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Walters: Corporate Contributions Ban Has a Tough Day

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Rep. Jim Harrison, center, questions a witness about S.120. - JOHN WALTERS
  • John Walters
  • Rep. Jim Harrison, center, questions a witness about S.120.
Members of a Vermont House committee have plenty of questions about S.120, the Senate-passed bill that would ban corporate campaign contributions to candidates or political parties.

The House Government Operations Committee held its first hearing on the bill Friday morning. Both Democrats and Republicans appeared to be skeptical that the bill would accomplish its purpose: to keep Vermont immune from the effects of big-money politics. That’s because corporations would still be able to donate unlimited funds through political action committees and independent organizations.

“Many of us have gotten lots of calls asking us to get corporate money out of Vermont politics,” said committee chair Rep. Maida Townsend (D-South Burlington). “This bill, the PACs would collect the money and put it into our political system. If it’s direct from corporation to candidate it’s not OK, but if it goes from corporation to PAC to candidate, it is OK?”



Rep. Jim Harrison (R-Chittenden) wondered, half-jokingly, if S.120 didn’t simply create “a way to launder the money,” and pointed out that “any candidate could set up a PAC and accept corporate contributions.”

Deputy Secretary of State Chris Winters said that his office supports S.120 “in concept,” but warned of unintended consequences. “It could encourage the creation of a lot more PACs, which could diminish transparency,” he said. “It could funnel more money to out-of-state PACs and independent organizations.”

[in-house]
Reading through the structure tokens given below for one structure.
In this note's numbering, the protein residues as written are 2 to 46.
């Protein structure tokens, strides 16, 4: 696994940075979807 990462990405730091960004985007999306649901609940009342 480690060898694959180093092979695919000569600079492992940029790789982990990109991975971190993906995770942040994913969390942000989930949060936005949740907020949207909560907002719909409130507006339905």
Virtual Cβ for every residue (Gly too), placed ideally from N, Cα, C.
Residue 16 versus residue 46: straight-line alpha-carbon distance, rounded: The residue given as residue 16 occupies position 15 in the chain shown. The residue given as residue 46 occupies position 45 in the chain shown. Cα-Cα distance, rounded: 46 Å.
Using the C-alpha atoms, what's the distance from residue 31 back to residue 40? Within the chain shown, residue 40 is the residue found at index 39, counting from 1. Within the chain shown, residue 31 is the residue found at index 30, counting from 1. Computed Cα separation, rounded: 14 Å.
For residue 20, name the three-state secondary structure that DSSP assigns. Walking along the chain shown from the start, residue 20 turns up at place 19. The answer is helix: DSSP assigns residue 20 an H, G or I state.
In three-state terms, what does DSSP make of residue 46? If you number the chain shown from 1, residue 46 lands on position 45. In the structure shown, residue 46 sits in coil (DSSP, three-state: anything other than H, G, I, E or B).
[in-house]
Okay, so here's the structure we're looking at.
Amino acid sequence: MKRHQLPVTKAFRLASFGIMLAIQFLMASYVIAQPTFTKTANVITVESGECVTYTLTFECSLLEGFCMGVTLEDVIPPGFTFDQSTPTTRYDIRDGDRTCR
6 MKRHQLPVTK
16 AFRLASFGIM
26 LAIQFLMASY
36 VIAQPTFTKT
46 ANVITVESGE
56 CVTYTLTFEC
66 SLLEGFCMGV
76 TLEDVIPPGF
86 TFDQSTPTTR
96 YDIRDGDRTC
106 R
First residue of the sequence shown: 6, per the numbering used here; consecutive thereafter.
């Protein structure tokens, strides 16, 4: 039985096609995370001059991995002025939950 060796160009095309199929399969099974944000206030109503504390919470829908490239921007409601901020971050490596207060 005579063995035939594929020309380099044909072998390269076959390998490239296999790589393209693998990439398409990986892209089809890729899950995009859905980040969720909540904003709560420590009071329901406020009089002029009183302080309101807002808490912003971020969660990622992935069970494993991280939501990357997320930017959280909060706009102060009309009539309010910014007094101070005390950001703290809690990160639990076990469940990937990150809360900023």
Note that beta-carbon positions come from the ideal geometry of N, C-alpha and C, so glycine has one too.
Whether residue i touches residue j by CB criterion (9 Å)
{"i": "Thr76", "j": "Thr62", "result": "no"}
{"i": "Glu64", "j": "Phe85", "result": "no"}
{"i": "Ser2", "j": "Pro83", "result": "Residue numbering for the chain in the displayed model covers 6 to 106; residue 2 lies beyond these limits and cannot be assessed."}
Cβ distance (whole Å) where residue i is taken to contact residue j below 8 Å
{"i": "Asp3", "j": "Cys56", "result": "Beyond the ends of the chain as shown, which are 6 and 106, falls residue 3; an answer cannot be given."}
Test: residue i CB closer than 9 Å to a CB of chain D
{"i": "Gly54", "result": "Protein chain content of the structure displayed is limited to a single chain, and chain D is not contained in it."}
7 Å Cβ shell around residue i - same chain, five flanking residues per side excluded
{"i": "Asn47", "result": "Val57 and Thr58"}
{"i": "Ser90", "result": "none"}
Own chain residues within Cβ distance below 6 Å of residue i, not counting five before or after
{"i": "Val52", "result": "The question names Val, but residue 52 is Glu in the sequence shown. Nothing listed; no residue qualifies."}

And he pointed out that federal law bans direct corporate donations to candidates, but “the money has found ways to get around that.” He expressed the office’s support for a beefed-up system of public campaign financing as a more effective way to limit the influence of corporate cash.

“I was glad to hear the secretary of state’s office make a strong stand in favor of public financing,” Townsend said after the hearing. “Because what we have now is pretty weak. Doesn't amount to a hill of beans, as far as getting all these different pressures out of the political process.”

The current public financing system is underfunded and imposes very tough restrictions on candidates seeking to qualify for public money. And if they do accept public funding, the candidates are prohibited from accepting any further support — financial or otherwise. In recent years, lawmakers have turned a cold shoulder to proposals to improve the system.

Rep. John Gannon (D-Wilmington), who refuses to accept corporate or PAC contributions, was also wary of unintended consequences. “If we do this, the money is just going to go dark,” he said. “Wouldn’t it be better to improve disclosure requirements?”

Members of the panel didn’t vote on the bill or even conduct a straw poll. But the committee’s 11 members include six Democrats, one Progressive and four Republicans. If the Republicans vote “No” and two others (hypothetically, Townsend and Gannon) joined them, the bill would die in committee.

Consideration of the bill is scheduled to continue on Wednesday with more testimony and committee discussion. With perhaps three weeks left in the legislative session, time is definitely not on S.120’s side.